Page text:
Photo: Down the Rabbit Hole (c) Kristjana S. Williams, courtesy Victoria & Albert Museum
Heston Blumenthal’s mock turtle soup dish is to feature as an exhibit in the Victoria & Albert (V&A) Museum as part of their forthcoming Alice In Wonderland exhibition
The exhibition, Alice: Curiouser And Curiouser,will examine Blumenthal’s famous recipe, and how he conceived it using the book as source material. The chef was inspired to make the dish at his restaurant, The Fat Duck, by the Mock Turtle character from Lewis Carroll’s Alice In Wonderland, modernising the popular Victorian-era dish, which lent the character its name.
In Blumenthal’s dish, the mock turtle egg is made of turnip and turnip gel, and features a consommé and gold leaf pocket watch that dissolves when a teapot of hot water is poured over it.
As part of the Reimagining Alice section of the show, the exhibit will feature a life-sized Mad Hatter’s tea party, a film about the scientific process and a 3D recreation of the dish.
Blumenthal said: “The character of Alice makes logic out of surreal situations, turning things on their heads, which is my biggest source of creativity.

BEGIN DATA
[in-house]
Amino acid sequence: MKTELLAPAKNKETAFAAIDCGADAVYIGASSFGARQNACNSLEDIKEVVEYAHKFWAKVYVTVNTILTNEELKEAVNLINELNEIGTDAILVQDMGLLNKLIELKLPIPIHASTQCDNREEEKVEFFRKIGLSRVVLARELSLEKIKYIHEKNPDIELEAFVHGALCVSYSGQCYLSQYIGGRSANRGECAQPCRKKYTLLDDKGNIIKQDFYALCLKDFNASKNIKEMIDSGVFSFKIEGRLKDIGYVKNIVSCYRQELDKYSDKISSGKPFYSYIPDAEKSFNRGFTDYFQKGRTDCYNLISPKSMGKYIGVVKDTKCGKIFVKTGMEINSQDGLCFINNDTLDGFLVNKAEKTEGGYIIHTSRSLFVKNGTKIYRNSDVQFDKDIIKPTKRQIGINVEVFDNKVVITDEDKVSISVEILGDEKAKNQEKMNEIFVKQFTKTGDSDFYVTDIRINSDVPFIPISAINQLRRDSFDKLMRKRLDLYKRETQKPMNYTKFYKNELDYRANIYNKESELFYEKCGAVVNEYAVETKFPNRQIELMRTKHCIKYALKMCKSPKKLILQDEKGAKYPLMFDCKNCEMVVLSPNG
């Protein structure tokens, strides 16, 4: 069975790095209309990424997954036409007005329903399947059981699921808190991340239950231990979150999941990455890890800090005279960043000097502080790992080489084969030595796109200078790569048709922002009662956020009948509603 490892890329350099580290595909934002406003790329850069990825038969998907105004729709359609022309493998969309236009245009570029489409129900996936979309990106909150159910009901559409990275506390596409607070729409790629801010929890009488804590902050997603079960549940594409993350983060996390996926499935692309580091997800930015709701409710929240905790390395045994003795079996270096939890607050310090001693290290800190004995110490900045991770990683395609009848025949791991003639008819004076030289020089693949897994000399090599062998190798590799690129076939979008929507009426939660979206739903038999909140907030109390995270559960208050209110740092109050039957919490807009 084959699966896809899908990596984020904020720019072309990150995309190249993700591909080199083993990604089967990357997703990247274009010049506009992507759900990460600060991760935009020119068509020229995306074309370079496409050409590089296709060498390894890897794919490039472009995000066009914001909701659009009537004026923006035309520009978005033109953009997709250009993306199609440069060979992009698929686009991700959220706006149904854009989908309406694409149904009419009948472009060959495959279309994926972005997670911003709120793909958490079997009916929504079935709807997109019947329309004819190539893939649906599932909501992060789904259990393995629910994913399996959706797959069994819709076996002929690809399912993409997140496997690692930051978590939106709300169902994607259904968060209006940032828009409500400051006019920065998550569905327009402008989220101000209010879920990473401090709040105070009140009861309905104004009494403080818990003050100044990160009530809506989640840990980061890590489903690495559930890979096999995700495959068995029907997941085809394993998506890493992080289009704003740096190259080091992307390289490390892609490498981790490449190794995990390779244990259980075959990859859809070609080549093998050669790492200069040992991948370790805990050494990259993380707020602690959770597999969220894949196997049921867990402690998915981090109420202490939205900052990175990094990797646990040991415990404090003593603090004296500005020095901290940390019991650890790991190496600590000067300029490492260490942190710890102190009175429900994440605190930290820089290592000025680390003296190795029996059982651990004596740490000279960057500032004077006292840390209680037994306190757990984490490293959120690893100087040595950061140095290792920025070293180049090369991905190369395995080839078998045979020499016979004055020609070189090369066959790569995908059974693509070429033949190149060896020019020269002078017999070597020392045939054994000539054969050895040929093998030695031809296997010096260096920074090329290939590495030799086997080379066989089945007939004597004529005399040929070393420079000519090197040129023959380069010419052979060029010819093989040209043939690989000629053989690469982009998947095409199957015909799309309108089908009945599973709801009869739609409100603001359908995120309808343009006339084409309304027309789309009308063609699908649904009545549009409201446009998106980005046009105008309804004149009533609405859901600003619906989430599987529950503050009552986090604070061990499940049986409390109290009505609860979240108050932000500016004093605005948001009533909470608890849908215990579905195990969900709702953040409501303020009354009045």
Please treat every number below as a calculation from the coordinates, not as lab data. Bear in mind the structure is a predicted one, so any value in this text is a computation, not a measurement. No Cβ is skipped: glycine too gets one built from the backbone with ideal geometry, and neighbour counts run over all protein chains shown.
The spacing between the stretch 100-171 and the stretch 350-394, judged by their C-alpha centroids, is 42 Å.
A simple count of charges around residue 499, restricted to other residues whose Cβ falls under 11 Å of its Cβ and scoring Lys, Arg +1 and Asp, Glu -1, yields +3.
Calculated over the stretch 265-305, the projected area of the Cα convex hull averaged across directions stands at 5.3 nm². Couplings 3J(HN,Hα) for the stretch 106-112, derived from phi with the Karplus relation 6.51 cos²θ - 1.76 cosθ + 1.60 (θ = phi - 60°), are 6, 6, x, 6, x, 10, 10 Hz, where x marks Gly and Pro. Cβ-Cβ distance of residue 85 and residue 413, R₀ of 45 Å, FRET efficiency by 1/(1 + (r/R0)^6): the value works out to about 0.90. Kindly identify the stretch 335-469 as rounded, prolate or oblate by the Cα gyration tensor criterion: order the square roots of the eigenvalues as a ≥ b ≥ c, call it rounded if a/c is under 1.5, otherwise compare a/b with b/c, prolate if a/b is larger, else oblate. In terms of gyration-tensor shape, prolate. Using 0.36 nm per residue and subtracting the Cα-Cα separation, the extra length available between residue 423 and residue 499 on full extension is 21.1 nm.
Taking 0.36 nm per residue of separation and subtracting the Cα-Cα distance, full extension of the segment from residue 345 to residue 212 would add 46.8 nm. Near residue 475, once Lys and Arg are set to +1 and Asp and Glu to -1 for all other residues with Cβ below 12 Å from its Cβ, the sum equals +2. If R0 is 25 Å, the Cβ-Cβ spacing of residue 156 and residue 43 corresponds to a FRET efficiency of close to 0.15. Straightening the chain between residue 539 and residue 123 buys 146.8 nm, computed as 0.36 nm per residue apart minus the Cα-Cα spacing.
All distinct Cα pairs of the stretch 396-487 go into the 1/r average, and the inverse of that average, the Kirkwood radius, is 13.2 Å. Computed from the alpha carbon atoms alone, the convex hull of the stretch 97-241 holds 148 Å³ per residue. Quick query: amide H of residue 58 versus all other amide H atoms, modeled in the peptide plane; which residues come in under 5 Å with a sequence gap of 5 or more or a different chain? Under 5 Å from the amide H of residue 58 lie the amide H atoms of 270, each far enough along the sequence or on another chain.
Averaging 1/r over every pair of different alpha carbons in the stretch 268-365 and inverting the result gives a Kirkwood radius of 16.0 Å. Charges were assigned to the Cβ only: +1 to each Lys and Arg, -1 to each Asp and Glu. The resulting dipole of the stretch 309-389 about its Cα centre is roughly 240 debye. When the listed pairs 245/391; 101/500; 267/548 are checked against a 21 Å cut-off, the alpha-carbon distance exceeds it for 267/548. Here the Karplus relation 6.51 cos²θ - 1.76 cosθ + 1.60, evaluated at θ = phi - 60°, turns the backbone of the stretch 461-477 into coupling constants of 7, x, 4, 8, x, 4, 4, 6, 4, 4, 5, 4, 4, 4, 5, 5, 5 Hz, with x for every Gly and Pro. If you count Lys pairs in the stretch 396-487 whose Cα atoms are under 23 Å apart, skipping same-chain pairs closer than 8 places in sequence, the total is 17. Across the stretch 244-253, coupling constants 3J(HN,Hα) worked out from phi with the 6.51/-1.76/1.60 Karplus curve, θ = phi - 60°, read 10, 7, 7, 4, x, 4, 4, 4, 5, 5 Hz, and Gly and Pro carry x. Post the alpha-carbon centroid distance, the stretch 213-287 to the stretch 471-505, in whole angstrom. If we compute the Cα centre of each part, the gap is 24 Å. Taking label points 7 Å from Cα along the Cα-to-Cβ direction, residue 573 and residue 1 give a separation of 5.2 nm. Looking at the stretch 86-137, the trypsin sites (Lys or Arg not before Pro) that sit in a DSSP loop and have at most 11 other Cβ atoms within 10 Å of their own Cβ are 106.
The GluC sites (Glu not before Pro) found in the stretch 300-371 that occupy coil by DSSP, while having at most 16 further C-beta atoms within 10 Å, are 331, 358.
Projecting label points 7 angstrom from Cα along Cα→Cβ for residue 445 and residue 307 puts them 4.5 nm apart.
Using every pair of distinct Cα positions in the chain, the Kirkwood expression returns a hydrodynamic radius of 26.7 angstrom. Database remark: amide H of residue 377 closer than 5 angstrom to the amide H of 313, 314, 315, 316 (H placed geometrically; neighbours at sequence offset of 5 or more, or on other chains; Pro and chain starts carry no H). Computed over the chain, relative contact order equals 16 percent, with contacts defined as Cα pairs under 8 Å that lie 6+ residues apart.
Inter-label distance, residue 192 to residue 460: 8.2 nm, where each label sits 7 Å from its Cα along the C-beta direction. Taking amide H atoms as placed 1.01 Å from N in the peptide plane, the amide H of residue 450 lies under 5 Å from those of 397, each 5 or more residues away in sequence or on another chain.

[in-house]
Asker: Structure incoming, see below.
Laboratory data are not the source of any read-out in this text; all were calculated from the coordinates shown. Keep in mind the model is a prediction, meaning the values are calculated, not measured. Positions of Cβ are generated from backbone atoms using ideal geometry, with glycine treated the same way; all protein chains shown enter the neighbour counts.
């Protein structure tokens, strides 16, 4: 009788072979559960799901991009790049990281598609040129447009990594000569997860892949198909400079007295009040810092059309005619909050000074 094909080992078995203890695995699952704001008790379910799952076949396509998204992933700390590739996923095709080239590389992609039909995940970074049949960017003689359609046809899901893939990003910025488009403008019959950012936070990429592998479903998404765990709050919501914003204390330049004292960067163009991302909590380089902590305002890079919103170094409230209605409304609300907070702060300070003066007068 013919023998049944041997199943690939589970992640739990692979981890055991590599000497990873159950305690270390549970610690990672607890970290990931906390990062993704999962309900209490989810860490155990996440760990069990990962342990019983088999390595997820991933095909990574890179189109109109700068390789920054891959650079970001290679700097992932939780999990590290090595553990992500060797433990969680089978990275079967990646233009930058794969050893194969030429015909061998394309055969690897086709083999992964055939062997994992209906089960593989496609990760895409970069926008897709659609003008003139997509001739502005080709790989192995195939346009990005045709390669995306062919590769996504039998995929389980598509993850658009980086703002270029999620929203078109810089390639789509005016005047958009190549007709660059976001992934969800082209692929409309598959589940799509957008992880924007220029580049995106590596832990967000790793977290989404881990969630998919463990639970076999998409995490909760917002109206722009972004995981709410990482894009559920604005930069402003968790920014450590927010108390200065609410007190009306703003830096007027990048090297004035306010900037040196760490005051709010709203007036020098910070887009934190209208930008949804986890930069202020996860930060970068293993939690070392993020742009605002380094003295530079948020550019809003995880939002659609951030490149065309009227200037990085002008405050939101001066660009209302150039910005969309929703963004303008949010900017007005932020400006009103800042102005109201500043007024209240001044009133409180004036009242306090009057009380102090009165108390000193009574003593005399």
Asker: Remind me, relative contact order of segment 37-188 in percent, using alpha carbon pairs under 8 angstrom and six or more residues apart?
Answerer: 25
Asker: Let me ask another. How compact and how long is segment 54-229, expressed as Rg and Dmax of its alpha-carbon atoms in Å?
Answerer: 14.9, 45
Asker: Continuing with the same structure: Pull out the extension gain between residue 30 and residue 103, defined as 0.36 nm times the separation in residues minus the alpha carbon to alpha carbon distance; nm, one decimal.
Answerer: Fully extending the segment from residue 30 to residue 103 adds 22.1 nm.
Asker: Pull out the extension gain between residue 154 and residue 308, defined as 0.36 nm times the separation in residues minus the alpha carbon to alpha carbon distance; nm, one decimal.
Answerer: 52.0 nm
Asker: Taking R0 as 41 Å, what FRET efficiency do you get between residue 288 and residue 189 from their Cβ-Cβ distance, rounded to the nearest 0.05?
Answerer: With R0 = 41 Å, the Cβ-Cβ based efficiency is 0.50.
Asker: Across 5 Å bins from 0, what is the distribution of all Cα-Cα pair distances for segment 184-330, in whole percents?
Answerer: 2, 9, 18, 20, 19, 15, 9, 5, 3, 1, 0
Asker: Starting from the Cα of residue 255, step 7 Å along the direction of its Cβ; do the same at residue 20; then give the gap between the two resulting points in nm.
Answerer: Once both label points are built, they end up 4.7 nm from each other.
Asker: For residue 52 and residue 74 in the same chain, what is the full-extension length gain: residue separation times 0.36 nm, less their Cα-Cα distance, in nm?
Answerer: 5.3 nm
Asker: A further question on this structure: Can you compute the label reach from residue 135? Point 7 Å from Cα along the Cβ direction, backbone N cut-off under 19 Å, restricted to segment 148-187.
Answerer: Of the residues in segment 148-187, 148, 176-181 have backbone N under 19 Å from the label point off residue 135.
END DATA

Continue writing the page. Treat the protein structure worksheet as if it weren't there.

“Situations are only surreal because we make judgments on things based on what we’ve already been told, that’s why my motto is ‘question everything', and why the Alice In Wonderland books have provided endless sources of inspiration for my work.
Illustrations detailing the creative process behind Heston Blumenthal's Mock-Turtle Soup, part of the V&A's Alice Curiouser and Curiouser exhibition (c) drawings by Dave McKean. Image courtesy of Heston Blumenthal
“Discovering the use of cold temperatures to reduce liquid for the Mock Turtle soup is a perfect example of Alice-inspired logic, so I’m delighted the stories behind it will go on show as part of the V&A’s Alice: Curiouser And Curiouser exhibition.”
Alice: Curiouser And Curiouser opens on 22 May, and delves into the origins, adaptations and reinventions of Alice In Wonderland over 158 years.